Poetry Pamphlet Reviews & Features

Run by HappenStance Press

Gorse Publications, 2008   £4.50 - http://www.poetrypf.co.uk/patearnshawpage.html

Gorse Publications, PO Box 214, Shamley Green, Guildford, GU5 0SW.
Tel & Fax: 01483 274389

Someone whose name I can’t recall said reading Chekhov was reading about yourself. That’s the feeling I got as I started to read Virtual Eden. The drunk rector in ‘Buried’ reminded me of the priest at my friend’s wedding who pronounced her fiancée and herself man and wife when she alone had said the vows and I do. The flies in the room where a corpse is laid out brought to mind a wooden church in Russia, an old woman sitting in a shaft of sunlight by an open coffin and swallows darting through the eaves catching flies.

Virtual Eden is a series of vivid cameos that trace elements of the author’s life between the ages of one and eight. As far as possible they’re told from a child’s-eye view and are concerned with those things that affect, intrigue or disturb children, as in ‘Doing Joined-Up’:

In half a year I will be five. My brother’s learning
how to do joined-up. He makes the letters hold
each other’s hands and dance.

 

Earnshaw is an authority on antique lace and many of these poems are as intricately crafted as that fabric. They weave their way through her childhood— school, her father’s suicide, time spent in hospital. In ‘Scrying Bowl’ she watches her parents together:

 

In the big bed bare shoulders rise
and fall, mounding the sheets, hiding
the legs and feet. A head is buried
in the softness of my mother’s pillow.

 

These poems have an understated honesty that I really liked.

Perhaps my concern is that, like antique lace, these poems and the narrative they create won’t be seen as fashionable enough for our hectic, sensation-seeking modern times. Though my mother, reading this over my shoulder, has just commented (with a glance at my jeans and jumper bought in a car boot sale) that what I know about fashion could be written on the back of a stamp and still leave space.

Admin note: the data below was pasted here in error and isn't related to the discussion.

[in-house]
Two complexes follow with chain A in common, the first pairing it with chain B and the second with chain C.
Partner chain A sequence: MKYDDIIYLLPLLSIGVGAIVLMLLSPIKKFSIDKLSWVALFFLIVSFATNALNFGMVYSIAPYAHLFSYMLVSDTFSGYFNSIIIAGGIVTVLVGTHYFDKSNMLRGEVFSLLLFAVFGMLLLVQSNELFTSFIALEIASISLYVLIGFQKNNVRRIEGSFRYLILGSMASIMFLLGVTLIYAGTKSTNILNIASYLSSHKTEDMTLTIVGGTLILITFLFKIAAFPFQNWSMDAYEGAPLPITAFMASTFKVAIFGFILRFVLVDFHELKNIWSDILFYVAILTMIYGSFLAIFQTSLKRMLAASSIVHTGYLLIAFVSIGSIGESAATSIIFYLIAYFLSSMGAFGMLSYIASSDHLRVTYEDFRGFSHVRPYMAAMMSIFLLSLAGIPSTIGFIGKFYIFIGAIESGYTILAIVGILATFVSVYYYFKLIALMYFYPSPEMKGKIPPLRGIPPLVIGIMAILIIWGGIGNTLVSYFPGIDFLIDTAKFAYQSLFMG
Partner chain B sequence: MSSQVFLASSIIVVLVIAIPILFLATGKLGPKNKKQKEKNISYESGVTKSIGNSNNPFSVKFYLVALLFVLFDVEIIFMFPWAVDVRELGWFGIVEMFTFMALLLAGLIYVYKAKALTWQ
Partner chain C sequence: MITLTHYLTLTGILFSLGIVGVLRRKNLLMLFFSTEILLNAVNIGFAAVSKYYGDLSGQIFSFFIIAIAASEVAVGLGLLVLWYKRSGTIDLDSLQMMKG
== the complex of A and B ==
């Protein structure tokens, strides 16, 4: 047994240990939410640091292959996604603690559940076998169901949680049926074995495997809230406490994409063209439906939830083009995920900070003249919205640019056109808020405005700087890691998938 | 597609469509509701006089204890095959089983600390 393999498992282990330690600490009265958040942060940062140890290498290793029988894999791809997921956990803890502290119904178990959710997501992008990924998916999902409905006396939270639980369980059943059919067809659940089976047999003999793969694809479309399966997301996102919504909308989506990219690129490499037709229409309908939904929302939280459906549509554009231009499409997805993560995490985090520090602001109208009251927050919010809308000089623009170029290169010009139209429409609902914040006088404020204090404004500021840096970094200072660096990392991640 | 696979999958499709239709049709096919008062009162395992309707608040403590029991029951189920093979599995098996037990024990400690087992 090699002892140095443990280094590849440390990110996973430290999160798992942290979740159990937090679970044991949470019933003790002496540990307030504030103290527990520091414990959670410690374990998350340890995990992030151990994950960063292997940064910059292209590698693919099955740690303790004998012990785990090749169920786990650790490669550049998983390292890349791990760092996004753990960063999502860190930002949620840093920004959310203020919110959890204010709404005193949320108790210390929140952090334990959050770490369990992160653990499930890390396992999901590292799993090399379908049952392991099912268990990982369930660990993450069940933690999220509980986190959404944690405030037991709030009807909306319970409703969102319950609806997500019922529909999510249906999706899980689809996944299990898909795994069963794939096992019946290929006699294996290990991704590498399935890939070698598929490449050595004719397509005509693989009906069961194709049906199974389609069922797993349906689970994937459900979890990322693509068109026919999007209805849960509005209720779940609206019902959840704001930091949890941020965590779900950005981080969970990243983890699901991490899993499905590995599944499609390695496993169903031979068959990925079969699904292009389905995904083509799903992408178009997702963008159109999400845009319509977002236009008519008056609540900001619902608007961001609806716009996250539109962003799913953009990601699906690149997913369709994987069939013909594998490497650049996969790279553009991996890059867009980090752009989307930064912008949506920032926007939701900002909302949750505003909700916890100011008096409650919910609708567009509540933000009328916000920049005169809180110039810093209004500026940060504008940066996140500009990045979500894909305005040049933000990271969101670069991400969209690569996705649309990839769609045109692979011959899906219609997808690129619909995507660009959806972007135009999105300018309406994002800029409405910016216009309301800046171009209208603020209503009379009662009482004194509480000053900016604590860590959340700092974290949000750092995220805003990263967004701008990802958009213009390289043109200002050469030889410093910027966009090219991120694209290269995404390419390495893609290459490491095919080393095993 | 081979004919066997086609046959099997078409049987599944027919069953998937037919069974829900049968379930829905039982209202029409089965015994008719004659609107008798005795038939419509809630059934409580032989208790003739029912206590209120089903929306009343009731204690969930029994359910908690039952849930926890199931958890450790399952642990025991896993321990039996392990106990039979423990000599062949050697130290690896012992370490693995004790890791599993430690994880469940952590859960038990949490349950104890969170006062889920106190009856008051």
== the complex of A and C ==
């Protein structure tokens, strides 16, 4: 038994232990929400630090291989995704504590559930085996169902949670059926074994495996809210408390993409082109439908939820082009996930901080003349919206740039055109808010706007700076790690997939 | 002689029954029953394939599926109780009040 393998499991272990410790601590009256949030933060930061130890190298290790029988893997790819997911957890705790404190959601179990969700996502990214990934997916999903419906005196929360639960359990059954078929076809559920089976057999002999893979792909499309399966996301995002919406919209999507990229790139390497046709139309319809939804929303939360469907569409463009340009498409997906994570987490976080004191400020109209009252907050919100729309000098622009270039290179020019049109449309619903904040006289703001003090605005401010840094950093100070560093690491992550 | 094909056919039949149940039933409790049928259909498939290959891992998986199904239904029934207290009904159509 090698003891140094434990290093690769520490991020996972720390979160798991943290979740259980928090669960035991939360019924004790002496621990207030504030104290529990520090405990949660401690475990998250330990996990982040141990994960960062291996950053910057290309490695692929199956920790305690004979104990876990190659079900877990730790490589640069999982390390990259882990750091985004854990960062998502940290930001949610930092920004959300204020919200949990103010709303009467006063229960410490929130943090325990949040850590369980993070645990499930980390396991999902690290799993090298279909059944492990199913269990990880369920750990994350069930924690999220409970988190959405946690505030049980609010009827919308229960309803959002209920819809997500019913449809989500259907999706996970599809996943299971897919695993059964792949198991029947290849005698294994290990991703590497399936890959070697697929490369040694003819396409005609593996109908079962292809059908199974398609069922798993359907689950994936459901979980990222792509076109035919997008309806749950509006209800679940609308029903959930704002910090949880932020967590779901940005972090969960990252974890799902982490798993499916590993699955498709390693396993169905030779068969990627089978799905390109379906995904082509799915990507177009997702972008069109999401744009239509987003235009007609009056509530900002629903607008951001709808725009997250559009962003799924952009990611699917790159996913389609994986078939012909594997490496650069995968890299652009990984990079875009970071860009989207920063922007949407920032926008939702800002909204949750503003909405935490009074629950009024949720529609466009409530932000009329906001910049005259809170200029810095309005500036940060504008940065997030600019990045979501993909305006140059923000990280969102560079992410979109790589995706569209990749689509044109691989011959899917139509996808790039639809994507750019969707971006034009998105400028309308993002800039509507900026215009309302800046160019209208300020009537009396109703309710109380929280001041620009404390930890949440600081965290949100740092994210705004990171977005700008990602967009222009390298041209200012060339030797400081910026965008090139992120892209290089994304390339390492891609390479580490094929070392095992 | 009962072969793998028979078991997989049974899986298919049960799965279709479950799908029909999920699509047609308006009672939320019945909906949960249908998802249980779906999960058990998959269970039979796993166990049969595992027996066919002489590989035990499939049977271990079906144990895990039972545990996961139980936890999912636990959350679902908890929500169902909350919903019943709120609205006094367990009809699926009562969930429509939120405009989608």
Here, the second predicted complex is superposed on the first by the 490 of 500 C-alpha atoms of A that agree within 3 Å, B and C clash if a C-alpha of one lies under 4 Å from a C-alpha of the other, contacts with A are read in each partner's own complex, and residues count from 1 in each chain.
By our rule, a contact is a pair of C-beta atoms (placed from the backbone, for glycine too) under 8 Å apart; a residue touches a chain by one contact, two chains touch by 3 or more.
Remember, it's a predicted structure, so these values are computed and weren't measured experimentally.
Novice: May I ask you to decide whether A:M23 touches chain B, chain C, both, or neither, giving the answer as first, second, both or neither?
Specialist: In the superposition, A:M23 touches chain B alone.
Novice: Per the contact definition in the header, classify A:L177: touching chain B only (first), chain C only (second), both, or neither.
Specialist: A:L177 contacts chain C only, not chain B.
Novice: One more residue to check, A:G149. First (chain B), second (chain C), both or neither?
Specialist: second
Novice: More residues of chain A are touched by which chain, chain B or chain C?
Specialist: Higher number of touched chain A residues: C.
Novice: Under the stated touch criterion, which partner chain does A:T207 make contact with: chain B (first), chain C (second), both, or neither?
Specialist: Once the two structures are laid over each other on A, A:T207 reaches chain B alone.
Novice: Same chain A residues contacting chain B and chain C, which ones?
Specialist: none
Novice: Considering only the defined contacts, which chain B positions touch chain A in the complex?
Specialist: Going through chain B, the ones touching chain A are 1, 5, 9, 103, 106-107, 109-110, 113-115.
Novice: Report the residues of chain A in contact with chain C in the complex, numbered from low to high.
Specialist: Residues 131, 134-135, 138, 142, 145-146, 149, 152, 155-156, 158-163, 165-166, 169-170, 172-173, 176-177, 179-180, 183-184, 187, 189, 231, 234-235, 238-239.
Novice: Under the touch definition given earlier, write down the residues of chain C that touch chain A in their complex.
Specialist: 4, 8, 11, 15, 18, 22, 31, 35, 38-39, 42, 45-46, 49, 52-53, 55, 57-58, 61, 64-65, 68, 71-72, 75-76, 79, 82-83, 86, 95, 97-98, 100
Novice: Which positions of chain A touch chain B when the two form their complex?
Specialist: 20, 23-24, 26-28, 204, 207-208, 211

I have my fingers tightly crossed that I’m proved wrong.

 

Sue Butler

 

The Young Reader adds:

I don’t much like the cover of this chapbook. The title and poet’s name have been pushed aside by a large, ugly picture of Adam and Eve and the serpent. It’s all very ‘busy’, and although it is relevant to the title it hasn’t got much to do with the poems. Inside, some poems run right to the very bottom of the page, which looks a bit strange. There needs to be a consistent margin on each page.

 

The poems are about the poet’s memories of childhood, and they’re quite detailed and sometimes a bit prosy. They’re not just nostalgic pictures of a happy childhood; there are hints of trouble and upset in the background that the child doesn’t quite see or understand. This makes them more real than some memory poems, and I liked that about them.